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[RFC] Additional targets for powerpc

From: Steve Munroe
Subject: [RFC] Additional targets for powerpc
Date: Thu, 22 Sep 2005 17:23:13 -0500


It has become increasingly clear that PowerPC processor family needs 
additional (machine) targets for the Linux distributions. At present, 
Linux only has two targets (powerpc32 and powerpc64, powerpc is synonym 
for powerpc32) for PowerPC. These targets only address the two operating 
modes (32- and 64-bit) and don't address the wide range of processor 
families and chips available. With only one target per mode, we are forced 
to compile for a common subset of powerpc instructions and default 
instruction scheduling. 

As we have PowerPC processors ranging from embedded systems to large 
servers this means we are sacrificing performance for commonality even 
when it is not strictly required. The PowerPC architecture has been around 
a long time, and consequently the common subset (for tuning and 
instructions) has become less and less relevant for systems that have 
actually shipped in the last few years.  Moreover, a common subset 
prevents exploitation of microarchitectural differences between Power4, 
Power5, and ppc970.  Addition of a new processor called Power6 
( may engender even 
more microarchitectural differences. 

The goal of this proposal is to:

* Improve application performance on current distributions
* Allow applications running on a machine to exploit the CPU-specific 
tuned libraries available on that machine
* Provide a general framework for CPU-specific tuning for the PowerPC 


The approach we are proposing is to:

* Allow multiple processor specific (performance tuned) assembler 
implementations of core memory and string functions (memcpy, memset, 
memcmp, ...). 
* Allow multiple processor specific (performance tuned) implementations of 
 Math library (libm) functions. 
* Allow the compiler (and assembler implementations) to use new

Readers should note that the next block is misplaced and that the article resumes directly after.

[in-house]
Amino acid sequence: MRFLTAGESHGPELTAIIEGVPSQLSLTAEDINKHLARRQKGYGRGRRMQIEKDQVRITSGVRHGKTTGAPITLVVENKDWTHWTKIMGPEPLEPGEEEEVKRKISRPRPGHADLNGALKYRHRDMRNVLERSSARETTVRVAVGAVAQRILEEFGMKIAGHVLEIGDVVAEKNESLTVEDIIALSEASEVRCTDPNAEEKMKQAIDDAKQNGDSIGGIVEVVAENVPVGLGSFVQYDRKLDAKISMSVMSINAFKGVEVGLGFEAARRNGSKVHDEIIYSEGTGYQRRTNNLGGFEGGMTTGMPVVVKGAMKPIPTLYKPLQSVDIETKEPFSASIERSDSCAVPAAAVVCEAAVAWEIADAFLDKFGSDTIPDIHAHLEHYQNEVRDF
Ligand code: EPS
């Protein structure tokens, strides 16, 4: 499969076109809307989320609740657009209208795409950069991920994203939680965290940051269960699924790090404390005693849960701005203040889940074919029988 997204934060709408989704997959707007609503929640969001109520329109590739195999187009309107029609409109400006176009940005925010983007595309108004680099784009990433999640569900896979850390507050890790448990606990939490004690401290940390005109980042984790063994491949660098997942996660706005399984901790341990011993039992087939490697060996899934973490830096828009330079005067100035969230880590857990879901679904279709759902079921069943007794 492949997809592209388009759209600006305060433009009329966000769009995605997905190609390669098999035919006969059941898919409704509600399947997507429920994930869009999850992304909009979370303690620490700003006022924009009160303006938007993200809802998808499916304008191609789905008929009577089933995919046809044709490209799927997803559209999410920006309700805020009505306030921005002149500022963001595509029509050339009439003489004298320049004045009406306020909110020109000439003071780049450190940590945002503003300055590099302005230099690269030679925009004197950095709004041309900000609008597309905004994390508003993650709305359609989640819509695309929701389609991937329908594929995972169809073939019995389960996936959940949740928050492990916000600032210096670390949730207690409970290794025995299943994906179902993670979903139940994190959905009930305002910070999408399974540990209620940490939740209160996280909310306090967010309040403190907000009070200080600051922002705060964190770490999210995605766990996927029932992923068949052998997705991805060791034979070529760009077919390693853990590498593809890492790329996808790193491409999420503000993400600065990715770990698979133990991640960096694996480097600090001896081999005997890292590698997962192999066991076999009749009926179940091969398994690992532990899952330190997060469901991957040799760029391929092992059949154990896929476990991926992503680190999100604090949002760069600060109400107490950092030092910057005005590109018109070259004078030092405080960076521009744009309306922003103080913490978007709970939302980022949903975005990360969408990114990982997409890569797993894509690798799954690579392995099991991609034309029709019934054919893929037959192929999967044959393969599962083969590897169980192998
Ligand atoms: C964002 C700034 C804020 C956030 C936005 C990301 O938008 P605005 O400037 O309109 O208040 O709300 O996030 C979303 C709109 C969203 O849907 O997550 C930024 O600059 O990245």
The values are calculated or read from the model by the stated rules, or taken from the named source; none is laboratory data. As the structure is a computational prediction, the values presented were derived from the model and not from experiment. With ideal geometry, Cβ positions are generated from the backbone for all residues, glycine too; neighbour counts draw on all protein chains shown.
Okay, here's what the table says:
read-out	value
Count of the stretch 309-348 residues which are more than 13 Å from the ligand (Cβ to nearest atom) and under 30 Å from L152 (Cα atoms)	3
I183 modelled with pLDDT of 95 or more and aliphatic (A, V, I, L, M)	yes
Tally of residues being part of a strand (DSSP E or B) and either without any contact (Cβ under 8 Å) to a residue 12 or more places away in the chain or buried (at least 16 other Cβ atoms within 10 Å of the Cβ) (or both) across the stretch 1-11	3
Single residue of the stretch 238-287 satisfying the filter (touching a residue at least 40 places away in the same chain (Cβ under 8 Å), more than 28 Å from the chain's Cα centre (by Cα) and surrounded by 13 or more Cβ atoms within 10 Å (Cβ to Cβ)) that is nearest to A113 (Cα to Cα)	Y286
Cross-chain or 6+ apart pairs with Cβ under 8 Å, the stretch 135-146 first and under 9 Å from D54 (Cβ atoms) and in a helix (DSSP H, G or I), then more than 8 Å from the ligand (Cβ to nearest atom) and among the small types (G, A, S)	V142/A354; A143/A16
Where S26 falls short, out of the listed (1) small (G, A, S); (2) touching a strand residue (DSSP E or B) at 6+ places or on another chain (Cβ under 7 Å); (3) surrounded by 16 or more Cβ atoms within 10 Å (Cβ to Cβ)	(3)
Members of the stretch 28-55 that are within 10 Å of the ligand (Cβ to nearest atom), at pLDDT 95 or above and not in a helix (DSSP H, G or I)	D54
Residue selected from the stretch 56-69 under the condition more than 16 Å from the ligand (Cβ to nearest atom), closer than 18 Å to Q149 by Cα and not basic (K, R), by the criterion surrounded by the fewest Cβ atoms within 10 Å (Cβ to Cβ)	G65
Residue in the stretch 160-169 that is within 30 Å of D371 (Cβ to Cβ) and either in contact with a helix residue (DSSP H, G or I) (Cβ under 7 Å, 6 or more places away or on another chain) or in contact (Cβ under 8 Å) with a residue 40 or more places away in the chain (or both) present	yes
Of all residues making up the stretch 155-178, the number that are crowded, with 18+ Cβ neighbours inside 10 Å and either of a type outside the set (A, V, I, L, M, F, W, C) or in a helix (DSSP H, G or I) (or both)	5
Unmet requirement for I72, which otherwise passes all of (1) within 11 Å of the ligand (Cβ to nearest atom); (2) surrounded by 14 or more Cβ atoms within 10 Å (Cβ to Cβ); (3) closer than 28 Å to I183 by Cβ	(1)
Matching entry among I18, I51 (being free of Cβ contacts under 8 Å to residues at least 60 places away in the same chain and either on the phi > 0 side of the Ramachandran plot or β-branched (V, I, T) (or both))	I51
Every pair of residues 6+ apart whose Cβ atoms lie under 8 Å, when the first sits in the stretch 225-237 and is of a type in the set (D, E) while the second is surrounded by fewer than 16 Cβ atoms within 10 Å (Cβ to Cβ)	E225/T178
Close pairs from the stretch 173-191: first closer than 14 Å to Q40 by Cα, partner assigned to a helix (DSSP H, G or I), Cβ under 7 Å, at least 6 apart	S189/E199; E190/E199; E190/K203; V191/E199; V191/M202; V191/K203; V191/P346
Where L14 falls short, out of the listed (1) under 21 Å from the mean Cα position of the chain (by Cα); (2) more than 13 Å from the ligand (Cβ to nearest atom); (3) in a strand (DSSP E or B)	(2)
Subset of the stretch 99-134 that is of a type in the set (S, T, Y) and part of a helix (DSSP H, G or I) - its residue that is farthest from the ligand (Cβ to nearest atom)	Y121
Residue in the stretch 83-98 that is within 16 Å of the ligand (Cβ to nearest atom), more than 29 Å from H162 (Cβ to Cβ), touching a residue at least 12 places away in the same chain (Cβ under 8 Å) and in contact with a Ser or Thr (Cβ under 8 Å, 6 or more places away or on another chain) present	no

instructions beyond the common powerpc subset (-mcpu=).
* Allow the compiler to tune (schedule instructions) for specific 
processor families (-mtune=). 
* Allow the tuning of various glibc functions based on the processor 
family. For example the malloc DEFAULT_MMAP_THRESHOLD should be higher on 
a POWER4/5 server. 
* Allow distros to build multiple (processor tuned) versions of the glibc 
libraries and install the correct version on the target system.

The intent is to be similar to IA32 with the i386/i486/i586/i686/i786 and 
sparc with the sparc/sparcv8/sparcv9/sparcv9b machine targets. The added 
twist for powerpc is biarch support for the powerpc32 and powerpc64 ABIs. 
So each 64-bit machine target needs a suffix to distinguish the 32- and 
64-bit ABIs. Sparc is similar with the sparc64/sparc64b machine targets 
but the issue is more pervasive in PowerPC because all POWER3/4/5 (and 
970) machines are 64-bit implementations that support both ABIs, but may 
require different tunning.

So I am proposing to add new "machine" targets to the powerpc family. The 
target names will follow the POWER3, POWER4, POWER5, ... naming of the 
current IBM Server brands and add a _32/_64 suffix to support biarch 

Retain (compatible with all existing Linux on Power systems)
 powerpc (a synonym for powerpc32)
And add